Learning to love accountants

Engineering, Procurement and Construction (EPC) costs for different types of power station. The abbreviations are explained in the text and listed at the foot of the blog. The red bars show the basic cost estimate and the blue bars indicate the range of possibilities. To find the cost of a 1 GW power station multiply the costs shown by one million. So the cost to build a 1 GW nuclear power station is roughly 2.5 billion pounds.

What are the relative costs of generating electricity in using the different technologies? This is a simple question to ask, but a difficult one to answer. If we make the wrong decision we end up spending more money than we needed to – and we are all the poorer for it. But how does one compare, for example,  the high capital costs of a nuclear power station with the higher carbon emissions from gas-fired plant?

To get answers to questions like this we need someone in the pay zone above scientists: accountants.

Accounting is difficult and dull and boring. But it is the only way to answer questions like this. While searching the DECC web site to find out how much UK taxpayers subsidise electricity generation from Wind Turbines, I came across this report on electricity generation costs. It is simultaneously fascinating and tedious in the extreme. I will spare you the details and just share with you what I consider the highlights. There are but two!

Highlight#1:Engineering, Procurement and Construction (EPC) costs for different types of power station. The chart at the head of  article shows the range of possibilities. The red bars show the basic cost estimate and the blue bars indicate the range of possibilities. To find the cost of a 1 GW power station – the UK requires around 60 such stations – one multiplies the costs shown by one million: So a 1 GW nuclear power station costs roughly £2,500 x 1,000,000 = £2.5 billion, while the same generating capacity using gas (CCGT) costs only £0.5 billion. Capturing the carbon from a gas station (CCGT +CCS) adds an estimated £0.25 billion to the cost – but no one has actually achieved that yet.

Highlight#2: Lifetime costs.What if carbon fuel prices increase? What about the cost of decommissioning nuclear plant? It is very tricky to compare this scenarios quantitatively but one way is to show all the costs of the plant over its lifetime divided by the number of units of electricity that it will generate (kWh or MWh) over its lifetime.

FEC

Costs of different electricity generating technologies expressed per unit of electricity produced over the lifetime of the plant. £100 per MWh is equivalent to 10 pence per kWh - the standard unit of electricity on a domestic bill. (Click for larger version)

This is a fascinating chart showing estimated costs for projects starting in 2013, some of which are the first of a kind (FOAK) and some of which are the nth of a kind (NOAK).  £100 per MWh – the mid-line on the chart – is equivalent to 10 pence per kilowatt-hour. A kilowatt-hour (kWh) is the standard unit of electricity on a domestic bill. I find three facts astonishing on this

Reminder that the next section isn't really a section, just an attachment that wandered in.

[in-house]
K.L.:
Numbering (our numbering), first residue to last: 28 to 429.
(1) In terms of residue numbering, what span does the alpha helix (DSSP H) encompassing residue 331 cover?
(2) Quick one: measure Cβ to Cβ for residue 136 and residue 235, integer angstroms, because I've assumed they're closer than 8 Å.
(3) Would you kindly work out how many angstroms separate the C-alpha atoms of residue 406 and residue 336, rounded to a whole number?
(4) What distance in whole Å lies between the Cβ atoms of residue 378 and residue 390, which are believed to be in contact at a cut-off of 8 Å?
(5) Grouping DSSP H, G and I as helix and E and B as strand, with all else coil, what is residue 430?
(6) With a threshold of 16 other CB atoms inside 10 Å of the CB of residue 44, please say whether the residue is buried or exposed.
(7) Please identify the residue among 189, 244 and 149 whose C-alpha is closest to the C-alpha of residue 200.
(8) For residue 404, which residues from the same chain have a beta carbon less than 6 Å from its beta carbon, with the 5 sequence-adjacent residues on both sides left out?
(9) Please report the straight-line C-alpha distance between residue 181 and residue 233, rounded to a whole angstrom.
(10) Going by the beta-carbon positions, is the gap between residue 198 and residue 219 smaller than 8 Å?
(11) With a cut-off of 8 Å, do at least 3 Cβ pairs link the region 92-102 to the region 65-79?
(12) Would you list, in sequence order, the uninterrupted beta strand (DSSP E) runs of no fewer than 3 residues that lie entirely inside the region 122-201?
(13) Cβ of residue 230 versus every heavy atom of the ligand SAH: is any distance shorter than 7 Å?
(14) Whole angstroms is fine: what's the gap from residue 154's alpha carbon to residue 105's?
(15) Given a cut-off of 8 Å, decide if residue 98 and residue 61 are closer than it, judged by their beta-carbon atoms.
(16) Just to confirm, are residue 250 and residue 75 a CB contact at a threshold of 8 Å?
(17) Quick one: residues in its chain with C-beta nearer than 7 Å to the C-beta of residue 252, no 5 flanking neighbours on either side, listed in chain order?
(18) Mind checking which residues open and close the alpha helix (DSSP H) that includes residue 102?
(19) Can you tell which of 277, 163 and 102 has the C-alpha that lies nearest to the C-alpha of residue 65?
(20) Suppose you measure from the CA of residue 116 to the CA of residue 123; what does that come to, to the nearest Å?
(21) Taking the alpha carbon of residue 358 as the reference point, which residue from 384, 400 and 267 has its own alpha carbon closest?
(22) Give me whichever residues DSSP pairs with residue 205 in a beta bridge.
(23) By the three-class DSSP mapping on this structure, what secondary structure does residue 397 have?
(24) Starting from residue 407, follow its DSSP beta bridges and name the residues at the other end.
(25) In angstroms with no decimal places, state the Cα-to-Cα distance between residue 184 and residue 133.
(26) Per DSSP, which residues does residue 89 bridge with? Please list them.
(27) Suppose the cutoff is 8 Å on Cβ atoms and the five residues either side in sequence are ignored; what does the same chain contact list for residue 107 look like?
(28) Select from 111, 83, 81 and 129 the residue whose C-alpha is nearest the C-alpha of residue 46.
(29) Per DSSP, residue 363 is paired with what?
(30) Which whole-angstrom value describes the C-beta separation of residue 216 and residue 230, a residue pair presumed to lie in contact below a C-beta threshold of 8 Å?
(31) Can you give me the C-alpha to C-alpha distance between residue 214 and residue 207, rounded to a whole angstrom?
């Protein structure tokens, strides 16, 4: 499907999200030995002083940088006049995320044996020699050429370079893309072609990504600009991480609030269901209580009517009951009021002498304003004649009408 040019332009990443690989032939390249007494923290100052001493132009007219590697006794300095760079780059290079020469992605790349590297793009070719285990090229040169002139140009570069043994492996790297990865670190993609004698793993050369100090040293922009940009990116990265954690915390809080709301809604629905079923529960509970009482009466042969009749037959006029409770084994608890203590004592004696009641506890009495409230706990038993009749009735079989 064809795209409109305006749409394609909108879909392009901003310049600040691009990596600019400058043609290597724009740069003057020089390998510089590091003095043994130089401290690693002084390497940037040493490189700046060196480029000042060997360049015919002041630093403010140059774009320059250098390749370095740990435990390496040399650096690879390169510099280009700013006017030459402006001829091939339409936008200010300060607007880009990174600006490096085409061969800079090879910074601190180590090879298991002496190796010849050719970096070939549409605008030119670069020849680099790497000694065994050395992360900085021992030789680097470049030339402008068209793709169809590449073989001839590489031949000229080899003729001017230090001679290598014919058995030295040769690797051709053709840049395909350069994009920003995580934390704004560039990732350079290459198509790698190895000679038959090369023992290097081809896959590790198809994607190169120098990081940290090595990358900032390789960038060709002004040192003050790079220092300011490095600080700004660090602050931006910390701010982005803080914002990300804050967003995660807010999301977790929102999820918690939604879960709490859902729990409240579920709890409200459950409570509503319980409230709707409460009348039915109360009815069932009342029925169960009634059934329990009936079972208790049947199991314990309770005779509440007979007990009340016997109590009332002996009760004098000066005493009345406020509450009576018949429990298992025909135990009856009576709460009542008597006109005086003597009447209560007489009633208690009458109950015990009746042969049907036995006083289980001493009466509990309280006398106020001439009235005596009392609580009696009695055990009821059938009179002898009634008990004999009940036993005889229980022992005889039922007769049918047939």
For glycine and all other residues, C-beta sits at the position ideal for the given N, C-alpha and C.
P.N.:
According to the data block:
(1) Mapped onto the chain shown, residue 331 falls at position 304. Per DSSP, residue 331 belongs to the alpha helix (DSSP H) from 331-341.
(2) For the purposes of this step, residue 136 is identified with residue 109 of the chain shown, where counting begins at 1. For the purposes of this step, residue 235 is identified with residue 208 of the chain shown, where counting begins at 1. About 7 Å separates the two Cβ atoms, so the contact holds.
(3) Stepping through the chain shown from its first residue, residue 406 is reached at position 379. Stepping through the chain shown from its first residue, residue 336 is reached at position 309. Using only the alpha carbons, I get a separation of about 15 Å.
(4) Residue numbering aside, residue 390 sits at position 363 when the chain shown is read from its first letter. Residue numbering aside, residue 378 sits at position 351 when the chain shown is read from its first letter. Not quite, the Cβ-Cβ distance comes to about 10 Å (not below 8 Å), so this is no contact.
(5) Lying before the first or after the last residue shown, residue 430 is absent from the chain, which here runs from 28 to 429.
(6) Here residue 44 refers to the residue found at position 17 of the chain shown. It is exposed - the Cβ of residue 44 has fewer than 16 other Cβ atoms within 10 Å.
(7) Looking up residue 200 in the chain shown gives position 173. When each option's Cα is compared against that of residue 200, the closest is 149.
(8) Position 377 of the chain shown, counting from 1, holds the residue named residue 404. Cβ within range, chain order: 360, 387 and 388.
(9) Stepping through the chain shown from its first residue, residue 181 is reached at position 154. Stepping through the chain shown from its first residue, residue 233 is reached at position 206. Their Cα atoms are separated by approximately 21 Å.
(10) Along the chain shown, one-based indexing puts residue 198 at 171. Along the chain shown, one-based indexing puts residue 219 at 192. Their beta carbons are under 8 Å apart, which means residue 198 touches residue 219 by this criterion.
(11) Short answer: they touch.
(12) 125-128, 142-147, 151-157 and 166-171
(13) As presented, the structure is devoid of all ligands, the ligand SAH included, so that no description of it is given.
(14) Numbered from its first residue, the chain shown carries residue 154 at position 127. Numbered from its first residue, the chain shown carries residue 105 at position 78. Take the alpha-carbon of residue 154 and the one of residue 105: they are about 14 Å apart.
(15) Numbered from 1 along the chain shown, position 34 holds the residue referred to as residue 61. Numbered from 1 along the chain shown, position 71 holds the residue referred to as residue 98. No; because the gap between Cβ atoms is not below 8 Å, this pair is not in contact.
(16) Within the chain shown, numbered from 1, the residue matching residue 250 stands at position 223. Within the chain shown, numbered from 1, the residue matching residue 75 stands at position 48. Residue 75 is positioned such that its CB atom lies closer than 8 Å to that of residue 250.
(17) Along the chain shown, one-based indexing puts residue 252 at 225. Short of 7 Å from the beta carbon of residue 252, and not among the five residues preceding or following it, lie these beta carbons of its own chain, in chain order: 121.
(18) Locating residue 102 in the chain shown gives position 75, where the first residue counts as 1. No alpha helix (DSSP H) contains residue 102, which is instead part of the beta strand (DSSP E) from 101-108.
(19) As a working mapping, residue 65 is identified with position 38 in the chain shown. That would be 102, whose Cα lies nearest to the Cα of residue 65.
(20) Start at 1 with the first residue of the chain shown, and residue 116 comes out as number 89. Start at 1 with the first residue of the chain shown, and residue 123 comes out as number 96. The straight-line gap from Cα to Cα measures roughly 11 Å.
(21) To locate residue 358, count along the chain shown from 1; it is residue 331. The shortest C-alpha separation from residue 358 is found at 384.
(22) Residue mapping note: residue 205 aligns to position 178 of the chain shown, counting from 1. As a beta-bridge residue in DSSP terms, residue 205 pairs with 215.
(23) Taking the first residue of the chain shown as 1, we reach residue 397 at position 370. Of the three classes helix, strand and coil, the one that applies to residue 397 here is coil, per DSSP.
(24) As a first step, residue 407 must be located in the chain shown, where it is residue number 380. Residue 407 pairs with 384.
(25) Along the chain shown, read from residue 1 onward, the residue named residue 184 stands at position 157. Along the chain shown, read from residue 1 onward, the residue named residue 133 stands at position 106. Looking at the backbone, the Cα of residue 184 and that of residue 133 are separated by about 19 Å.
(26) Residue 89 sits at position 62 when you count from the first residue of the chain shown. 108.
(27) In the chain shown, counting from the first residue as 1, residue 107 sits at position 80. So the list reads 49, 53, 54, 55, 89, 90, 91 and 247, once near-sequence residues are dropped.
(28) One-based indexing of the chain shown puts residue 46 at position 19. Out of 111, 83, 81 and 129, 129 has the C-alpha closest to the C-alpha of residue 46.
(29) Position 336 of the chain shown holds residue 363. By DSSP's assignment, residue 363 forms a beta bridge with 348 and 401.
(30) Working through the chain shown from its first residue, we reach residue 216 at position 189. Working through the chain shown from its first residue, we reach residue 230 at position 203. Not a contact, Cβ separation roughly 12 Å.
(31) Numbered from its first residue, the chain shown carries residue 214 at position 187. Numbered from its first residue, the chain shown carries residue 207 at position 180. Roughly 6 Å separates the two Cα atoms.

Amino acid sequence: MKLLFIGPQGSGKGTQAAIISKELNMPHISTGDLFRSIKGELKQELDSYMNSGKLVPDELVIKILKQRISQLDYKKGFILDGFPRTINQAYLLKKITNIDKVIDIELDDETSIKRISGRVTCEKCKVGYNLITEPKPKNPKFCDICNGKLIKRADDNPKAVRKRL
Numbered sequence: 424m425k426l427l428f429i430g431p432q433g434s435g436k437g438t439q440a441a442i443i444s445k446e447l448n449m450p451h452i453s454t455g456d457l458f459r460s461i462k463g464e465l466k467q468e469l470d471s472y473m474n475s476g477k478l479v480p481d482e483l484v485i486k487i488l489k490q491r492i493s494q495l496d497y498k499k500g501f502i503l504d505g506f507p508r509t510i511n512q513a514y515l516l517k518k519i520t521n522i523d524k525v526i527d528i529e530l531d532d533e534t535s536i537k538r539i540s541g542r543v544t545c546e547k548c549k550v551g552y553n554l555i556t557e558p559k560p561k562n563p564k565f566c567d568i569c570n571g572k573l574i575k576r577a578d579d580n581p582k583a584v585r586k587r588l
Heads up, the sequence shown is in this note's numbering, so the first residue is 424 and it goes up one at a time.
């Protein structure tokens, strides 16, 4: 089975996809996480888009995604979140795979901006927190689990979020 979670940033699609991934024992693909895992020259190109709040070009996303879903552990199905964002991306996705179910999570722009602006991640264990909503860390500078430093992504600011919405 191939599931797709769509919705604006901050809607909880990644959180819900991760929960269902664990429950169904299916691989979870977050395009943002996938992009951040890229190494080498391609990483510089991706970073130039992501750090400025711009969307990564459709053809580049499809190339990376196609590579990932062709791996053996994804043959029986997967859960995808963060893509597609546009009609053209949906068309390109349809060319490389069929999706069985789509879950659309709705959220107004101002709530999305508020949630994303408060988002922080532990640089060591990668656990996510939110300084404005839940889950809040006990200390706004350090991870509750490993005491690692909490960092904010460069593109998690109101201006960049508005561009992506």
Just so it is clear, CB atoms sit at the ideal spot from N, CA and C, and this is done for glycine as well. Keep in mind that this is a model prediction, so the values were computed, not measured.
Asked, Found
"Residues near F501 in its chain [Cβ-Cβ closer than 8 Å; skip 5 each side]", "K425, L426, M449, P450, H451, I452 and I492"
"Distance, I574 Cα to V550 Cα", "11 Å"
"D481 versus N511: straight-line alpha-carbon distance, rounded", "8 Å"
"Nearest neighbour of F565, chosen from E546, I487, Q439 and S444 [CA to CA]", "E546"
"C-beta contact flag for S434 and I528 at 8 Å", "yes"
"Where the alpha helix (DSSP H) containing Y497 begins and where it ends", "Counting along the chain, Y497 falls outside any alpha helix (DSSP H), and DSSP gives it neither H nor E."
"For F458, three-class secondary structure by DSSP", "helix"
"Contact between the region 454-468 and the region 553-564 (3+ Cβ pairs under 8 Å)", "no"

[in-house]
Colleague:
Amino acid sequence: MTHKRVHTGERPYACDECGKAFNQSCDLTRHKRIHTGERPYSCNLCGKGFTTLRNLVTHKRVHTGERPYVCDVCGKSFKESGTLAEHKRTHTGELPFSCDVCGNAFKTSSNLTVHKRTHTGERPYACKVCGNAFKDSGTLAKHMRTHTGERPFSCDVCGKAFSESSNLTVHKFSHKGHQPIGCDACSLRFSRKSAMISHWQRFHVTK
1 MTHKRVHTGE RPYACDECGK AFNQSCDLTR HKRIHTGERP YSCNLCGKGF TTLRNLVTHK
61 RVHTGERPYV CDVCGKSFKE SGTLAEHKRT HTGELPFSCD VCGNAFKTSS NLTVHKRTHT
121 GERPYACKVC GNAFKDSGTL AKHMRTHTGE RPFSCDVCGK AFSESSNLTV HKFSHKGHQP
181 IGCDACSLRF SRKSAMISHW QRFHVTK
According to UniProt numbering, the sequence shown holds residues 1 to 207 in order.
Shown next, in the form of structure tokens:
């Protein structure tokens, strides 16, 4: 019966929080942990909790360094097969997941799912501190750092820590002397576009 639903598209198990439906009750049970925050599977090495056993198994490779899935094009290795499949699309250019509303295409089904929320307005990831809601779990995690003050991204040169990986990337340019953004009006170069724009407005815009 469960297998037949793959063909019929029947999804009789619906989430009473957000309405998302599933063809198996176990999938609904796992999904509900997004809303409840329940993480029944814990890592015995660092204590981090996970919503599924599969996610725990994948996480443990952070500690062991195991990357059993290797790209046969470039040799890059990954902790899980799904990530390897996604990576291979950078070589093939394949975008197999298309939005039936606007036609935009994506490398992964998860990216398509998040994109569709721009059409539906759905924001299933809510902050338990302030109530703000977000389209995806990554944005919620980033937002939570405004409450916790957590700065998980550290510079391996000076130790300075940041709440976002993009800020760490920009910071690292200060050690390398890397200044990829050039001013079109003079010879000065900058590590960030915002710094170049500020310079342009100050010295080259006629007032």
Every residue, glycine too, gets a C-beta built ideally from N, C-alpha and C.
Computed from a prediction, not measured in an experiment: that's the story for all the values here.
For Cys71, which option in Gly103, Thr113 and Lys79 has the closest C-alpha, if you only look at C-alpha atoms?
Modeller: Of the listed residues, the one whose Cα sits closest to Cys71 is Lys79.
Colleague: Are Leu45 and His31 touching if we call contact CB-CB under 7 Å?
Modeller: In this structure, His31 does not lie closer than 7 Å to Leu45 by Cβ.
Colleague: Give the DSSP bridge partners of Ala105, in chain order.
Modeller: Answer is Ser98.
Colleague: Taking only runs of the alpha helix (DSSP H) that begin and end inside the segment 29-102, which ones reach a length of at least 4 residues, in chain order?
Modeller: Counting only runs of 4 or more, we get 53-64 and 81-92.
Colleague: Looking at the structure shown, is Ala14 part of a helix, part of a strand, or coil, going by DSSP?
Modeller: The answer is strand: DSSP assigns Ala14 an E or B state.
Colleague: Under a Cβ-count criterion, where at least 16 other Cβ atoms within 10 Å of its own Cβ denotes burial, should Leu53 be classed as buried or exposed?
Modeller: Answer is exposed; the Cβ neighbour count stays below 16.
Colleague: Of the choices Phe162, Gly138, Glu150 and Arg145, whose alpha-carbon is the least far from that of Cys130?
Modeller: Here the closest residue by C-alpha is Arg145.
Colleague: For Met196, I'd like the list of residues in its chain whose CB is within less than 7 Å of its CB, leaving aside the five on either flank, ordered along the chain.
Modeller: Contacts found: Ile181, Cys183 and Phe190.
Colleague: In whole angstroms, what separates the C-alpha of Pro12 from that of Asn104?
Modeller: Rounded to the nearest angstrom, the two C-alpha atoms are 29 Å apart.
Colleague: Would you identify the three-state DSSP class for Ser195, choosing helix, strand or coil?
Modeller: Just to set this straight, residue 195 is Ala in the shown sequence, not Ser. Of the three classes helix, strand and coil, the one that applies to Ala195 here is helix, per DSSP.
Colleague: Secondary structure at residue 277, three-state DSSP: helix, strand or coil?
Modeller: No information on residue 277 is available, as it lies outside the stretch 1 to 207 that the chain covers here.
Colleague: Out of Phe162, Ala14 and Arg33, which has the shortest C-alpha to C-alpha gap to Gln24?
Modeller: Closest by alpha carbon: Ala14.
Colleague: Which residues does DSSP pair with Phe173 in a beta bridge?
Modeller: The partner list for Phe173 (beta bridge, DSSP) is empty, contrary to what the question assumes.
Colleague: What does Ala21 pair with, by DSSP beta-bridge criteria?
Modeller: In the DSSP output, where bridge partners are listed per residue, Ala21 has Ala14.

• The costs are similar! Look for example at CCGT with or without CCS and compare it with Onshore wind. The costs are around 10 pence per kilowatt hour – two or three times current costs for gas (CCGT) generation. If this is true, then for heaven’s sake, let’s start making low carbon electricity now!
  • The decommissioning costs of nuclear plant – when averaged over the amount of electricity produced – is tiny!
  • Do the anti-wind campaigners - who are forcing nearly all wind development offshore – really want to pay TWICE as much for the electricity they produce?
So there you have it: two astonishing charts. With data like this, I could learn to love accountants!

Abbreviations

CCGT

Combined Cycle Gas Turbine

Burns the gas in a turbine and then exploits waste heat in a second steam turbine

CCGT +CCS

CCGT with added Carbon Capture and Storage

CCS is an untried and undemonstrated technology

ASC Coal

Advanced Super Critical Coal

Coal plant operating at higher temperatures. Explained here

ASC + CCS

ASC with added Carbon Capture and Storage

CCS is an untried and undemonstrated technology

IGCC

Integrated gasification combined cycle

Converts coal to gas and then burns gas and recovers waste heat in a second steam turbine

IGCC +CCS

IGCC with added Carbon Capture and Storage

CCS is an untried and undemonstrated technology

Onshore Wind

Wind turbines on Land

Offshore Wind

Wind turbines in the Sea

EPC costs and running costs are higher than for land based turbines

Offshore Wind R3

Wind turbines in the Sea in Release 3 of available areas

These represent more difficult engineering challenges

3rd Generation PWR

Next generation Nuclear Power: Pressurised Water Reactor

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3 Responses to “Learning to love accountants”

  1. sahmeepee Says:

    Thanks for the article.

    This seems to explain supercritical coal power quite well:

    http://www.scribd.com/doc/18792215/Super-Critical-CoalFired-Power-Plant

    It looks to be mainly an increase in temperature and pressure to improve the overall efficiency at the expense of needing a better engineered power station.

  2. protonsforbreakfast Says:

    Thank you for that. I have added a link to the site in the table at the end of the article. My guess is that operating a steam turbine in this regime will be very challenging from a corrosion point of view.

  3. Henners Says:

    Glad you like the report, a couple of updates ate now on the DECC website. Not to say that accountants don’t deserve to be loved but the report was commissioned and largely written by economists so maybe you should edit the title of your post.

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